2 state high school teachers are honored for excellence President cites science and math instructors.

March 13, 1992|By Carol Emert | Carol Emert,States News Service

WASHINGTON -- President Bush has lauded two Maryland high school teachers for excellence in the teaching of science and mathematics.

In a chilly Rose Garden ceremony yesterday, Mary Jo Messenger, a math teacher at Centennial High School in Ellicott City, and Nusret Hisim, a chemistry teacher at Walkersville High school in Walkersville, were among 108 educators who received the Presidential Award for Excellence in Science and Mathematics Teaching.

Later, Ms. Messenger and Mr. Hisim revealed the secrets of their success. They both said that they integrate different subjects with innovative classroom techniques. They make sure their students have hands-on experience with computers and other hi-tech tools.

Ms. Messenger, 48, chairs Centennial's math department. She has developed an experiment that integrates technology and algebra.

In the experiment, students measure the force of a magnet by moving it away from a compass and reading the compass at each distance. Students then plot the data using graphing calculators, and determine the mathematical functions involved.

Mr. Hisim, 31, has found fame at teaching workshops around the country for his ability to bring technology to the classroom in a cost-effective way. He discovered that he can make a photogate timer -- a very sophisticated stopwatch that uses infrared beams -- from a kit for two dollars; the timers cost $100 ready-made, he said.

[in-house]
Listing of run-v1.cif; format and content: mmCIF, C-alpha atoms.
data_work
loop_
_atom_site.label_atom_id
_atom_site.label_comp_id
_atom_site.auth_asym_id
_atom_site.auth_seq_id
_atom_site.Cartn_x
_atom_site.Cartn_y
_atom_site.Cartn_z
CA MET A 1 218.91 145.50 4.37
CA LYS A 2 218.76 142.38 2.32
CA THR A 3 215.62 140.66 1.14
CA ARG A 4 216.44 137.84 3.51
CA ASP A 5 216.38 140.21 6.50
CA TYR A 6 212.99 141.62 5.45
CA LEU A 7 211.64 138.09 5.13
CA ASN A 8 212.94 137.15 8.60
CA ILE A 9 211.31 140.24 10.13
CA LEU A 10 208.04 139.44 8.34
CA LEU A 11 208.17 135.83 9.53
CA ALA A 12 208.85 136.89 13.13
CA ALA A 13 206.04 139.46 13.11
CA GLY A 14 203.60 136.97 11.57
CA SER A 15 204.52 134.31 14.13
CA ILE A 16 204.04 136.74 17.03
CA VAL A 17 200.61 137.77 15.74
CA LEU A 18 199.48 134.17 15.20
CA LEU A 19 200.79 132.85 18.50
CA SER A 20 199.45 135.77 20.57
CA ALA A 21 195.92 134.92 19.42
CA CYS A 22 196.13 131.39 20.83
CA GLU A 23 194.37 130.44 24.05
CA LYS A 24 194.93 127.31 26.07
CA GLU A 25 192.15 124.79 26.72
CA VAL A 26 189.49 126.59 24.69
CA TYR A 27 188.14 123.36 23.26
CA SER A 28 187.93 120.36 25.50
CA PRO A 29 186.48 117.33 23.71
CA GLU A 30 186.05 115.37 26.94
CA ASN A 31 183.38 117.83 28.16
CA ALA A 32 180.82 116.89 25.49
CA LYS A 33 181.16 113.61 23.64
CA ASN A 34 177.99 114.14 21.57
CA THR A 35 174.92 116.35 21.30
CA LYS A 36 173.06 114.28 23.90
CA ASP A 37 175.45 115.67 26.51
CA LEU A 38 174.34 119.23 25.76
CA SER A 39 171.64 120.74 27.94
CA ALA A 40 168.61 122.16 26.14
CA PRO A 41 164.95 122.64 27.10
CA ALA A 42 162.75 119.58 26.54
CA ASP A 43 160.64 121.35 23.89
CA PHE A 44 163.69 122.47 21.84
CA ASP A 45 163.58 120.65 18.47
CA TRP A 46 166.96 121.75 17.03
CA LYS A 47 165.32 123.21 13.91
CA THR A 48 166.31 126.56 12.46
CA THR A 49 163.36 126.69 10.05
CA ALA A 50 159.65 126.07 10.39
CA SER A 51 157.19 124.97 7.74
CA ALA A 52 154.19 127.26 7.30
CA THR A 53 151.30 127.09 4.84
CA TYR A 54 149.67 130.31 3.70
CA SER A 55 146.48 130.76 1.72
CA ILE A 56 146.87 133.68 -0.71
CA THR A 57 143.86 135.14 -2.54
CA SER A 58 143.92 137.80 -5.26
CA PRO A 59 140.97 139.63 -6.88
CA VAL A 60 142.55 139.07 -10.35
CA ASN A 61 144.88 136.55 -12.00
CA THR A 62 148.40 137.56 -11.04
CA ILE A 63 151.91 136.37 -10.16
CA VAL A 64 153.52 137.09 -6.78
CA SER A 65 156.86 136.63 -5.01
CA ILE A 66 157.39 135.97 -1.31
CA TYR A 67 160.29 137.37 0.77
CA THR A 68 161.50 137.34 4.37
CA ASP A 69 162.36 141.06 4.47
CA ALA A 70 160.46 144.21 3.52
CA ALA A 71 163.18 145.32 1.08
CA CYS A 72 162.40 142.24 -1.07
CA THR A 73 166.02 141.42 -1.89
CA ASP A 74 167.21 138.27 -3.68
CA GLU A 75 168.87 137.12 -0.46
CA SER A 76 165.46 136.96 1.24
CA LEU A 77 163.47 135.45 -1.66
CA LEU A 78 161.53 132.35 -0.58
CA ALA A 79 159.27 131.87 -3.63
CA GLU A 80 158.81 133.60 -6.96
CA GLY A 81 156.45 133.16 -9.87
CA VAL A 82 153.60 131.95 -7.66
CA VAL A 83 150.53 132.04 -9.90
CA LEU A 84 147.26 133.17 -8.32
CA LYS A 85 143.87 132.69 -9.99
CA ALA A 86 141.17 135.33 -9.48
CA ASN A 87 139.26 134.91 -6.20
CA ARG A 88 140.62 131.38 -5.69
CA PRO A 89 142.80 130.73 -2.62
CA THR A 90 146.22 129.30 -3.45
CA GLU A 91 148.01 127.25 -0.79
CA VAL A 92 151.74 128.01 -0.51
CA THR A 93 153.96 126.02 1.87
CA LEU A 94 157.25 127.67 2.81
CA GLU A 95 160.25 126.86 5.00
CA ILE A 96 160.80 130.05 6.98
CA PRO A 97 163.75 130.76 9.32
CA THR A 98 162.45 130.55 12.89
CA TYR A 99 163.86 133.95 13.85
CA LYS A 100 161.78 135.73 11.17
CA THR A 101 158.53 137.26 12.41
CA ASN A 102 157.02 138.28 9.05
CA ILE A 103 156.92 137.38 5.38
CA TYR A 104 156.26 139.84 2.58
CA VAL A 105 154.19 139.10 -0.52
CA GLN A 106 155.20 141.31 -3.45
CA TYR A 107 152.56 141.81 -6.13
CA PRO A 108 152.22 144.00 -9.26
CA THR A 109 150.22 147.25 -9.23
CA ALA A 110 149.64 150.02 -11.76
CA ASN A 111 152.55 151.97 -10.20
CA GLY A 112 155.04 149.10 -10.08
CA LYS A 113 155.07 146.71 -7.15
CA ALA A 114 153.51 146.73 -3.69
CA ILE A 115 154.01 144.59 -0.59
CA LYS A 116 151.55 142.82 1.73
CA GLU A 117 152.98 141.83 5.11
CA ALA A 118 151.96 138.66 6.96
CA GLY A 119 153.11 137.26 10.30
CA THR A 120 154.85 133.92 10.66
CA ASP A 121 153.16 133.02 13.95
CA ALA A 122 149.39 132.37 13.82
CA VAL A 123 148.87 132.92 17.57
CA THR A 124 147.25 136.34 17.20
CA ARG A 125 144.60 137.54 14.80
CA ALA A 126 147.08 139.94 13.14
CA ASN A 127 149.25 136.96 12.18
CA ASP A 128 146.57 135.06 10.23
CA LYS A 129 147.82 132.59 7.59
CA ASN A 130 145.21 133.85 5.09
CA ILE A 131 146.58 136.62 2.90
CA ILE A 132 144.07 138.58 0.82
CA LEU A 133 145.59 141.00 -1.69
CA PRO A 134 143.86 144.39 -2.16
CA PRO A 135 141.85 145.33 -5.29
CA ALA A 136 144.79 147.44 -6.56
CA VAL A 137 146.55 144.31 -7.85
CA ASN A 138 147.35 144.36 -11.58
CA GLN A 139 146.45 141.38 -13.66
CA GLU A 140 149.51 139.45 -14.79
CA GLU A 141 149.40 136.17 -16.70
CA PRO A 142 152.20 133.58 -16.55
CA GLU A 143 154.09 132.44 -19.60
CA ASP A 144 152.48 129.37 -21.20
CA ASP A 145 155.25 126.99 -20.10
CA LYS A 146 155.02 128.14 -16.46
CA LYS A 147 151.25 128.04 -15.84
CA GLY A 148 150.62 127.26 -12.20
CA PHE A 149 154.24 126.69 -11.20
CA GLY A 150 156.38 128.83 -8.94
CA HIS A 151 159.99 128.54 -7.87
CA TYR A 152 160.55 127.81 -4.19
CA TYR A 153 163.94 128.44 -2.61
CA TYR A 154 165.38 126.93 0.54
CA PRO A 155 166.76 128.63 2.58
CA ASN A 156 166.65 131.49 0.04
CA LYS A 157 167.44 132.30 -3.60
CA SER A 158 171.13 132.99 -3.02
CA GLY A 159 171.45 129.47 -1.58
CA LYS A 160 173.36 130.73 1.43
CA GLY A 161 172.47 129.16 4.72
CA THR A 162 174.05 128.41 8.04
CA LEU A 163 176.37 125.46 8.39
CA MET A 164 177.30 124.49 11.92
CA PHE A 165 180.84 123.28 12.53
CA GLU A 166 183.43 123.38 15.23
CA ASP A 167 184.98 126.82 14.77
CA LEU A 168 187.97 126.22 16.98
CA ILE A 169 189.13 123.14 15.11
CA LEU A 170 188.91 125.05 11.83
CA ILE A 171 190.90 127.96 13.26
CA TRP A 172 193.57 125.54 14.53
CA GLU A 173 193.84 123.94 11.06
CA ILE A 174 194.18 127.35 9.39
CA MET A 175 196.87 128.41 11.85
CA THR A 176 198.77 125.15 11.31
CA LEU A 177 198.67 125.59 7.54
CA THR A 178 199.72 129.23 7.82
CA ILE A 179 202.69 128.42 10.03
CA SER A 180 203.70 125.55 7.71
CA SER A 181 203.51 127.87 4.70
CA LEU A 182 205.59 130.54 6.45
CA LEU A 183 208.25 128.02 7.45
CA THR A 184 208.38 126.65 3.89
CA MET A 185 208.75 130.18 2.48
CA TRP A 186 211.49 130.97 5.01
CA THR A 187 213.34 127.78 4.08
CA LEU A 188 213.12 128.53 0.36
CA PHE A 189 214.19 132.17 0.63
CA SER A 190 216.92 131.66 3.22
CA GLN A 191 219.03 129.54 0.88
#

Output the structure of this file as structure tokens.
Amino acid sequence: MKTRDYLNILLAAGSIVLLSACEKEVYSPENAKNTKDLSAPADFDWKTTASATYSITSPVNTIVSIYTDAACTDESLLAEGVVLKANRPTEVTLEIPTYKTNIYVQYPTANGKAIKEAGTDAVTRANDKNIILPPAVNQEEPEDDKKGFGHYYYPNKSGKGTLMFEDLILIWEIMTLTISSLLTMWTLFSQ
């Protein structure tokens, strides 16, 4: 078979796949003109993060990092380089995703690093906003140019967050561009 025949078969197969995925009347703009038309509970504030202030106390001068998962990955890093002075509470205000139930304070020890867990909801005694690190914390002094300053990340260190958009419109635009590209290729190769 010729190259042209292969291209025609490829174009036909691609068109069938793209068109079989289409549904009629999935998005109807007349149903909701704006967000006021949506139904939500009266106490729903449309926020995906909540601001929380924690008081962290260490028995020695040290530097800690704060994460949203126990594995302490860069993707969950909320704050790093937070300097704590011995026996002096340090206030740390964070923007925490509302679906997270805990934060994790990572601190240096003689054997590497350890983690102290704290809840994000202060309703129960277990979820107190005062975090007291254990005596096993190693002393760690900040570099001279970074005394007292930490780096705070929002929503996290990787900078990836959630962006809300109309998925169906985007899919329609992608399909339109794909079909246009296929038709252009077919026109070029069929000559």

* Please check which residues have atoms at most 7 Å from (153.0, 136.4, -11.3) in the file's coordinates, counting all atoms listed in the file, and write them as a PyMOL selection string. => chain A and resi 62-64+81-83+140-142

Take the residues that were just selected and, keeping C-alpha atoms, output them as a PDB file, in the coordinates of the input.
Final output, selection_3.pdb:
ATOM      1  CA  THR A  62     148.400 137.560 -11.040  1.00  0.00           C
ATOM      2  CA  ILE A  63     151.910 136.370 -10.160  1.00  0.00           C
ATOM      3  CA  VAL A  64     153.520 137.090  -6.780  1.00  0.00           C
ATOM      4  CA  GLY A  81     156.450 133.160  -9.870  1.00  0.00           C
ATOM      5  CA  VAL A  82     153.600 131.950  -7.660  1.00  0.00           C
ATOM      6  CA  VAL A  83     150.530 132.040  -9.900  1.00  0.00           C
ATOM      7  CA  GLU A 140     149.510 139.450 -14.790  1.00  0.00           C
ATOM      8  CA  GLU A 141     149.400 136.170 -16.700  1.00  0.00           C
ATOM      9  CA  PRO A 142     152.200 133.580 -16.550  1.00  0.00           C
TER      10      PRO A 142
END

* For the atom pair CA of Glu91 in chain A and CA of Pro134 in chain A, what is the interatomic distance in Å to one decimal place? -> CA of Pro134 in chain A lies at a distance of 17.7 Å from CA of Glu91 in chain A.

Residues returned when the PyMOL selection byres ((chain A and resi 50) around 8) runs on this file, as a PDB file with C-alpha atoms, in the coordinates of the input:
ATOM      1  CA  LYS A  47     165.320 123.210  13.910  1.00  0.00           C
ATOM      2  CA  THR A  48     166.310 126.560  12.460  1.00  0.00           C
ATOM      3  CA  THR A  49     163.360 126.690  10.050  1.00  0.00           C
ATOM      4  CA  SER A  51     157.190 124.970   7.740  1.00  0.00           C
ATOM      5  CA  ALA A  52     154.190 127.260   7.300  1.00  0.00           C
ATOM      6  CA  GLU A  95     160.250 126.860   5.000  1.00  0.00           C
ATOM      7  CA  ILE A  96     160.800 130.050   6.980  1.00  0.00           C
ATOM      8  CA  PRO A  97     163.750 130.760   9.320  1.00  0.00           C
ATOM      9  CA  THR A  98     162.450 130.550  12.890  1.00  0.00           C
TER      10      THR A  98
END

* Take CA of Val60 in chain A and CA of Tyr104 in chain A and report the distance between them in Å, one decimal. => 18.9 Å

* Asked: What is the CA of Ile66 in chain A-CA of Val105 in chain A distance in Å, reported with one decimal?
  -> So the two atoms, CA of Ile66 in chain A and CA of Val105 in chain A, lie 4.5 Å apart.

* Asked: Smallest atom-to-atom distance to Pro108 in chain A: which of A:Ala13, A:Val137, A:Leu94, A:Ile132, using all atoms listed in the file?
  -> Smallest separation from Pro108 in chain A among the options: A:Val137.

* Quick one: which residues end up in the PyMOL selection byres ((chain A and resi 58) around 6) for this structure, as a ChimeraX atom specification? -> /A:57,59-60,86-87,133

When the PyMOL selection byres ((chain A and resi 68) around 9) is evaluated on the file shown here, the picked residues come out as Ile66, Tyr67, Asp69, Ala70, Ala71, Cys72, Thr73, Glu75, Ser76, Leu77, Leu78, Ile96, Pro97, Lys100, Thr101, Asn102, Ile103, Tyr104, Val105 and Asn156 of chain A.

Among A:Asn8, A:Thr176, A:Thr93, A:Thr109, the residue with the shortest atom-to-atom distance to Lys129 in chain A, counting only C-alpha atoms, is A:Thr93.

Mr. Hisim said the award was timely. "Nowadays, there's so much doom and gloom," he said. "We hear a lot about how poorly children are doing in this country, [but] there are so many good things going on in classrooms."

The award recipients -- two from each state, the District of Columbia, Puerto Rico, U.S. Territories and Department of Defense Dependent Schools -- are being wined and dined for a week in Washington. They are meeting scientists and educators from the National Academy of Sciences, the National Science Foundation, National Aeronautics and Space Administration and agencies and organizations.

The schools of each of the teachers who were honored receive $7,500 each to be administered by the award recipient for equipment, books and other teaching tools.

The Baltimore Gas and Electric Co., the primary sponsor in Maryland, gave each Maryland winner $1,000 as a personal gift. Other private sector supporters, such as textbook publishers and computer companies, have donated over $100,000 worth of gifts for the teachers to take to their classrooms back home.

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